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I'm using AFNetworking as a network layer for my iPhone app, which connects to a Rails server that uses Devise for authentication. If I sign in (with a POST call) providing username/password after that any GET I perform is ok. If I close the app (not just background) then all my GET request fail because I guess they're not authenticated. So I presume cookies are store somewhere, is there a way to save them in NSUserDefaults or somewhere in order to avoid loggin in all the times?

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2 Answers 2

up vote 6 down vote accepted

Cookies are indeed automatically stored for the lifetime of your application for any subsequent requests on a particular server. A good strategy would be to store the username and password in the keychain or in NSUserDefaults like this:

// Setting
[[NSUserDefaults standardDefaults] setObject:username forKey:@"username"];
[[NSUserDefaults standardDefaults] synchronize];

// Getting
NSString *username = [[NSUserDefaults standardDefaults] objectForKey:@"username"];

You may want to use this in combination with AFHTTPClient to send your credentials along with every request in an Authorization HTTP header.

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1  
Thanks for replying, yes this is what I do to keep old credentials. What I'd like to avoid is the initial POST for login at every app restart, I was just wondering if the lifetime of the cookie handled by AFNetworking can be extended. –  Emanuele Fumagalli Dec 28 '11 at 20:02
19  
Actually, please don't store usernames and passwords in NSUserDefaults. Use the keychain instead. Apple distributes a KeychainWrapper that does basically the same thing, but more securely. –  eddieroger Aug 12 '12 at 4:15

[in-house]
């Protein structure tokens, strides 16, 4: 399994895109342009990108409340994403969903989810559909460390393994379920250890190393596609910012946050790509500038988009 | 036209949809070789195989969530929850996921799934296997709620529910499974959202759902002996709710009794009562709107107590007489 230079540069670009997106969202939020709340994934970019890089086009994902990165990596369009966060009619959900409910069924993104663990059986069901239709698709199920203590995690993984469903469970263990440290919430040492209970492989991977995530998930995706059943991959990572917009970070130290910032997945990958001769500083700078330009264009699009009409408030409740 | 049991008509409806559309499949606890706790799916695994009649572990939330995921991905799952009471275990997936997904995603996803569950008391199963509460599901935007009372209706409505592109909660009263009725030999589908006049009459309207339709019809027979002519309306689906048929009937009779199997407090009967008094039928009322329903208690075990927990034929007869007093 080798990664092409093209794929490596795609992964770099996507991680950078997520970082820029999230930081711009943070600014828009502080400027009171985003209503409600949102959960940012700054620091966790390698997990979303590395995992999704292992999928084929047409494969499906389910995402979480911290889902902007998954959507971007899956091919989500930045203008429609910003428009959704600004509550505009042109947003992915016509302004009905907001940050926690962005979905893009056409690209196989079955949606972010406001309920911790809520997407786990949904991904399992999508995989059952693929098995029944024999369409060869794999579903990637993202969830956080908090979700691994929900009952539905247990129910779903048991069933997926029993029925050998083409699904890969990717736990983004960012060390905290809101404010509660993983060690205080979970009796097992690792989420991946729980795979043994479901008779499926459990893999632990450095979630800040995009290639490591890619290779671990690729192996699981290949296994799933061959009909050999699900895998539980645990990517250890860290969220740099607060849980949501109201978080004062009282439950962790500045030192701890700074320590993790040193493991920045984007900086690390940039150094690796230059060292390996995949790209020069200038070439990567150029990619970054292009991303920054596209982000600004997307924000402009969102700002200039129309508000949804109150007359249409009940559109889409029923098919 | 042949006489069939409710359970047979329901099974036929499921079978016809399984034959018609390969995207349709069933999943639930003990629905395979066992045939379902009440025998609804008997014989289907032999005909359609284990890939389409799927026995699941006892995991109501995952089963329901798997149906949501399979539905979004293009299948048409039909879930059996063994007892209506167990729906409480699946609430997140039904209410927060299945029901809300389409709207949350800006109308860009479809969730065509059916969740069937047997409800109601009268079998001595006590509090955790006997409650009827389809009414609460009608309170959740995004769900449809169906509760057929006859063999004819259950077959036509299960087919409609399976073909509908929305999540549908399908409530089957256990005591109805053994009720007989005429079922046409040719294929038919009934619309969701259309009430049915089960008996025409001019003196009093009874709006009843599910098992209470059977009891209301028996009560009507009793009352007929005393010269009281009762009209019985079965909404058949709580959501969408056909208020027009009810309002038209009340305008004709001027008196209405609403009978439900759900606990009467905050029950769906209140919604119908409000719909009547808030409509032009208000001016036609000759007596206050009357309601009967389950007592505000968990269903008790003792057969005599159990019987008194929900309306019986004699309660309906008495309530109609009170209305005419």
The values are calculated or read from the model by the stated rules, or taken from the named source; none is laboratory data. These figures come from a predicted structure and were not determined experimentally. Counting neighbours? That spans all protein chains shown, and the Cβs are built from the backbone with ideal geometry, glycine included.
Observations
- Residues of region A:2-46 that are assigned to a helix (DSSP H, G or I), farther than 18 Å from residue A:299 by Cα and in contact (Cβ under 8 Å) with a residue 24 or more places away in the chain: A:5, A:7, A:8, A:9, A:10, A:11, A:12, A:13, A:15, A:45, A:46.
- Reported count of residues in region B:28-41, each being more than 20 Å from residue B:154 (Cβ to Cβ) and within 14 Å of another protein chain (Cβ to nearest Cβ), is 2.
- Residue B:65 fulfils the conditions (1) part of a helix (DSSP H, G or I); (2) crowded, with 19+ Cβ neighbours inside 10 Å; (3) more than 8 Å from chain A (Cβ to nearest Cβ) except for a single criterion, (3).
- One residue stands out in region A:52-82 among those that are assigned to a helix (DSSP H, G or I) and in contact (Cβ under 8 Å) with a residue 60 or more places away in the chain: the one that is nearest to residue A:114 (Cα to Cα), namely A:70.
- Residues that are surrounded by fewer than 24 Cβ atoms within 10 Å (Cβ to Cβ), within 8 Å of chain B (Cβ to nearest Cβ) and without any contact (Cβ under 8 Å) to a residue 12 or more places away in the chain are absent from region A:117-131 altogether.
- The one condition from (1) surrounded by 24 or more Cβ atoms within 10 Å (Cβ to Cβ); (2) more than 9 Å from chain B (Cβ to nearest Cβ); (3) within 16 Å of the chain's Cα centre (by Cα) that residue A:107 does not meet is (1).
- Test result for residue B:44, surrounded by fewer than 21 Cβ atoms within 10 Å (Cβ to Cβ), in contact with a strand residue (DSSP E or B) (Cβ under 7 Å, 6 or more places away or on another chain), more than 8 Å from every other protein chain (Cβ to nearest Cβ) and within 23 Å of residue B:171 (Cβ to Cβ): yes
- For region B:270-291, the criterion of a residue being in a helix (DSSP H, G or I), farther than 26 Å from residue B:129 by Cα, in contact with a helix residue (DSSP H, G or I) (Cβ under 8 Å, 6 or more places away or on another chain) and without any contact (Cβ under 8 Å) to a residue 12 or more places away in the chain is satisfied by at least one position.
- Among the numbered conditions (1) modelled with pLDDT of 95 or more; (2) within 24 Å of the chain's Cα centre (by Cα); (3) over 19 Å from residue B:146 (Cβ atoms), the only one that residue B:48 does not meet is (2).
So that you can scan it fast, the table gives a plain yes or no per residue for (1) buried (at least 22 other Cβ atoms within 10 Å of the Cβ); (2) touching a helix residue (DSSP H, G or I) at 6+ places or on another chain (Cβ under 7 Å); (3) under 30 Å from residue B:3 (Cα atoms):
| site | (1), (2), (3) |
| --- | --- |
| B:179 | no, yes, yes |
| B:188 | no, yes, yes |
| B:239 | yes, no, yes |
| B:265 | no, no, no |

You do not need to bother with NSUserDefaults nor any keychain wrapper if you use NSURLCredential. Indeed NSURLCredential is much simpler to use, as it allows you to store both username and password in the keychain in two lines of code.

Your code would be something like that once the user is logged in:

NSURLCredential *credential;

credential = [NSURLCredential credentialWithUser:username password:password persistence:NSURLCredentialPersistencePermanent];
[[NSURLCredentialStorage sharedCredentialStorage] setCredential:credential forProtectionSpace:self.loginProtectionSpace];

Then, each time the app is launched, you can check whether your user was already logged in by searching for any credential in order to automatically log back your user (if need be):

NSURLCredential *credential;
NSDictionary *credentials;

credentials = [[NSURLCredentialStorage sharedCredentialStorage] credentialsForProtectionSpace:self.loginProtectionSpace];
credential = [credentials.objectEnumerator nextObject];
NSLog(@"User %@ already connected with password %@", credential.user, credential.password);

You also need to clean the credential when the user wants to log out:

NSURLCredential *credential;
NSDictionary *credentials;

credentials = [[NSURLCredentialStorage sharedCredentialStorage] credentialsForProtectionSpace:self.loginProtectionSpace];
credential = [credentials.objectEnumerator nextObject];
[[NSURLCredentialStorage sharedCredentialStorage] removeCredential:obj forProtectionSpace:self.loginProtectionSpace];

loginProtectionSpace is created once for all. Please, note this sample code assumes there is only one credential in this space, which is usually the case unless you manage several accounts.

Here is an example of how you would create a NSURLProtectionSpace:

NSURL *url = [NSURL URLWithString:@"http://www.example.com"];
self.loginProtectionSpace = [[NSURLProtectionSpace alloc] initWithHost:url.host
                                                                  port:[url.port integerValue]
                                                              protocol:url.scheme
                                                                 realm:nil
                                                  authenticationMethod:NSURLAuthenticationMethodHTTPDigest];
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Where is the code to create an NSURLProtectionSpace? I looked at the Apple docs but it's not really clear to me how to create one. I am referring to "self.loginProtectionSpace" –  user798719 Sep 1 '13 at 4:08
    
I guess what I mean is, do the port and hostname matter or are these namespaces? –  user798719 Sep 1 '13 at 4:36
1  
I've updated my answer with an example of how to create a NSURLProtectionSpace. Please replace the URL with you own and update the authentication method parameter with the authentication method used by your server. –  Phil Sep 2 '13 at 9:06
    
Thank you for saved time –  B.S. Dec 24 '13 at 16:43

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